Intro to setting up a website

Note: I’ll assume that you’re here as you would like my assistance with setting up a website.  Thus, I’ll cover the procedures I’ll take you through, and not touch on the plethora of other options.  I’m also phrasing these explanations in simple basic terms for better understanding and in a way more relevant to my approach.  I shall not be responsible for any inaccuracies or wrong use of terms and analogies in this website should anyone takes it out of context.

There’s basically 2 parts to setting up a website:
1)  Having a website address that people type in their browsers to get to your website. (Domain)
2) Having a storage server. (Hosting)
3) (Extra) Email.

1) Domain :

The website address that points to these files (sometimes called URL), so that you can access these files and view the website.  From here on we’ll assume your company is named ” XYZ Company ” and your website is XYZCompany.com.  Quick fact: you don’t need to key in the “www” in most website addresses.  Once you buy the domain XYZCompany.com, you can (at no cost, for free) create additional domains like shop.XYZCompany.com for your online shop for example.

This is also useful if you bought your own personal domain like myname.com and have small projects like a food blog at foodreview.myname.com and also a personal blog at blog.myname.com.  Do note that you could also place the variations behind to make them myname.com/blog and myname.com/foodreview.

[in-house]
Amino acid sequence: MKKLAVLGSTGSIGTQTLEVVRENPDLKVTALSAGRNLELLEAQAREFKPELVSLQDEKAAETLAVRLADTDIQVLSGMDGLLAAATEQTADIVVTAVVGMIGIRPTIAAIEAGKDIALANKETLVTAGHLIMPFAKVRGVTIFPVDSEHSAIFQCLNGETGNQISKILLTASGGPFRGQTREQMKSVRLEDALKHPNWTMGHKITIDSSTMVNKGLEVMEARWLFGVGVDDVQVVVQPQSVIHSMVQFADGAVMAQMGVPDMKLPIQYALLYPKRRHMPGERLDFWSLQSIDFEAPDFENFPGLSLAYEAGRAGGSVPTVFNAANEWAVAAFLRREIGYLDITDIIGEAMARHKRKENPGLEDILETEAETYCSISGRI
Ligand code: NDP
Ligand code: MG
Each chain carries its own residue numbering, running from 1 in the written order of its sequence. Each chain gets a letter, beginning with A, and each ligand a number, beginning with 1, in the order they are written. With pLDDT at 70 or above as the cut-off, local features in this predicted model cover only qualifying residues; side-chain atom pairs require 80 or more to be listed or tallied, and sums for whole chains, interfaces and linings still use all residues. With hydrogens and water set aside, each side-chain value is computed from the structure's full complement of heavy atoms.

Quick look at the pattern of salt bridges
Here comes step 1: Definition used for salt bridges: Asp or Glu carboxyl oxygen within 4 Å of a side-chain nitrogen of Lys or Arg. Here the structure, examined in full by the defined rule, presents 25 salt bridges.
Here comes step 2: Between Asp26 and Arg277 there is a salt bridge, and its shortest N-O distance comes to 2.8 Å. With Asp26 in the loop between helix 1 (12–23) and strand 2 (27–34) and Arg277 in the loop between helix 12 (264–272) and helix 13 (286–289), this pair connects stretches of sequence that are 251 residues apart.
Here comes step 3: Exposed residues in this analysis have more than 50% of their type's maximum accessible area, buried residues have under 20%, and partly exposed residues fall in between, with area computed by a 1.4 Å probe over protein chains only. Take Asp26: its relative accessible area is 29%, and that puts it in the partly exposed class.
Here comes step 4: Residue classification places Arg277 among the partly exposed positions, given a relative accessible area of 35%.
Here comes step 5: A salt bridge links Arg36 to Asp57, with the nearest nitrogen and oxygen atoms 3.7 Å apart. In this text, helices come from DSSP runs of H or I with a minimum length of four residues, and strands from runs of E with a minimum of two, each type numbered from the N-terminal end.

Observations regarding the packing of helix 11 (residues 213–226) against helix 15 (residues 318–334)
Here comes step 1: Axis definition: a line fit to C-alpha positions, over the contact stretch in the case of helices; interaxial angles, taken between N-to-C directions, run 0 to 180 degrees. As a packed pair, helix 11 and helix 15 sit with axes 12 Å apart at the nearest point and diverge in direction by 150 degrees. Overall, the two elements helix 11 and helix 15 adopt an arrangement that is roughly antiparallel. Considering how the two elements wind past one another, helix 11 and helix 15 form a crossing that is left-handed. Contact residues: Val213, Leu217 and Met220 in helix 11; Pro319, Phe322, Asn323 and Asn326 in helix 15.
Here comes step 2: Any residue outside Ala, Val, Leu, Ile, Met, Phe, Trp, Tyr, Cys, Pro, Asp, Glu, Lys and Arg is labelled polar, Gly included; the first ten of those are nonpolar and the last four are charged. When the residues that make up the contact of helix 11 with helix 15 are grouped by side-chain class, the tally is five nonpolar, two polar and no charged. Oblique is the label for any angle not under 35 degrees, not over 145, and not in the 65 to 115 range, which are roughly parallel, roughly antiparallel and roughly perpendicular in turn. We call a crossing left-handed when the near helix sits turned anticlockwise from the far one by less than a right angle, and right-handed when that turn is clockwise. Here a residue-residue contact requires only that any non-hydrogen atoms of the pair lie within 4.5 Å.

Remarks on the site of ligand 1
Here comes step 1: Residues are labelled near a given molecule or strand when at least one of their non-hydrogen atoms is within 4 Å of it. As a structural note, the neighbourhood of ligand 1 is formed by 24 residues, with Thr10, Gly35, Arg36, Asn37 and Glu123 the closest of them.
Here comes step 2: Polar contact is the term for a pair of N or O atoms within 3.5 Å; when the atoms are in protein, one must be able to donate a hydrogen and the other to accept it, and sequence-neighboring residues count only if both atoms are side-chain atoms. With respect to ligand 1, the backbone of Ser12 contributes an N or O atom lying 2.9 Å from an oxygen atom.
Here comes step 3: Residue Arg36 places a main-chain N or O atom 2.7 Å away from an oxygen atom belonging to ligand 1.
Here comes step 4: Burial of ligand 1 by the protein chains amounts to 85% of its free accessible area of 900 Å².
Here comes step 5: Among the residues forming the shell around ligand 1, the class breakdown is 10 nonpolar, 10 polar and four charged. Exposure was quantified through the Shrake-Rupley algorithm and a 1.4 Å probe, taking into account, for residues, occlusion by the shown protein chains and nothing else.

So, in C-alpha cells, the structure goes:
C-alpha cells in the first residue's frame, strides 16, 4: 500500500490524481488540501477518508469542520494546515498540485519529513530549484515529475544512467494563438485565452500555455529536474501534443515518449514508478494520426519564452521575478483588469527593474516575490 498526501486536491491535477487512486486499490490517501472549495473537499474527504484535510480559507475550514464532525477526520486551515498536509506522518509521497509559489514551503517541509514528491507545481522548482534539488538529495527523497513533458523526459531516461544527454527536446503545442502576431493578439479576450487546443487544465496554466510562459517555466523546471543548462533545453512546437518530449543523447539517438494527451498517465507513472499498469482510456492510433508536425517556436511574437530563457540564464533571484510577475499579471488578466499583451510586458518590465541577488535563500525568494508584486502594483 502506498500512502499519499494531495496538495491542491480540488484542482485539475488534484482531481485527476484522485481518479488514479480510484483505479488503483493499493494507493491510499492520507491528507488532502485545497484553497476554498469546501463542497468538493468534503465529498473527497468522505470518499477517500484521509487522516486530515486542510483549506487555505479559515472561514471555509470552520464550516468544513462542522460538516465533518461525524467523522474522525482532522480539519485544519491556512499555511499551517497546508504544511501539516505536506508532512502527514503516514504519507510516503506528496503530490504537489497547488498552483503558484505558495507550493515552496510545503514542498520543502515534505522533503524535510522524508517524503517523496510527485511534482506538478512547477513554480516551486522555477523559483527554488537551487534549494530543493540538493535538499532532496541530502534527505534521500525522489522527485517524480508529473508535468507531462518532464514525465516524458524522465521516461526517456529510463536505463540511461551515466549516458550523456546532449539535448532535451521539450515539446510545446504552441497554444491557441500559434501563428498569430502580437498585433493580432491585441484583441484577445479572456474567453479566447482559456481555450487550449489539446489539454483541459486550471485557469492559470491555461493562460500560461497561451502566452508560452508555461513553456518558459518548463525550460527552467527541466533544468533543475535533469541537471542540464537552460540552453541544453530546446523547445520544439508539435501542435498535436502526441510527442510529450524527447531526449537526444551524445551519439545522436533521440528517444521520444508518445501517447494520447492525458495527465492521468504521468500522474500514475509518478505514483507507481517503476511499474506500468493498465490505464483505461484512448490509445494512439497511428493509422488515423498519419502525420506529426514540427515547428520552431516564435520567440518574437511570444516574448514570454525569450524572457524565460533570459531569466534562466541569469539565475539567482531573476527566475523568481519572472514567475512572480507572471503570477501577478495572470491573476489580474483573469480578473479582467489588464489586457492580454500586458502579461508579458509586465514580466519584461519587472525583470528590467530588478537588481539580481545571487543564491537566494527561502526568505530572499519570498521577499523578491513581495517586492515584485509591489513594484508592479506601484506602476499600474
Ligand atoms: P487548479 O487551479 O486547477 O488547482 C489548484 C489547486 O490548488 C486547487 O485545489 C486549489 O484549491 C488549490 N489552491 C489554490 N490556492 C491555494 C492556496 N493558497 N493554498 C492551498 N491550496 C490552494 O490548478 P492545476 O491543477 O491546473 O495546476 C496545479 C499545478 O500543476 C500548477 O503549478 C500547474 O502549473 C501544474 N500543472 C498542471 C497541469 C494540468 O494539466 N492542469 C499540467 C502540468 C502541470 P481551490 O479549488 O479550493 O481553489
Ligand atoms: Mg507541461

2) Hosting :

The webpages of your website are stored as files, in an online server.  Basically like a computer hard drive, but online.  Remember when Windows had “File Explorer” and “Internet Explorer”?  Similar to browsing the files on your computer, Internet Explorer browses files on computer servers on the internet.

These files are (most often) transferable, thus if you decide to migrate to another host, you can copy these files (your website) and you should still see the same website.  This is important as your website grows and you need to move to a larger website or one that provides a better and cheaper deal.  On this subject, some websites that “lets you build a website easily” sometimes claims the rights to your website and domain address, thus not letting you change to other webhosting providers.  You should avoid these sites in my opinion, but there’s some pros to using them, to be fair.

3) Email :

Head over HERE for the guide for setting up your email.

Next step

Let’s go through the types of websites to know what suits your needs best, HERE.

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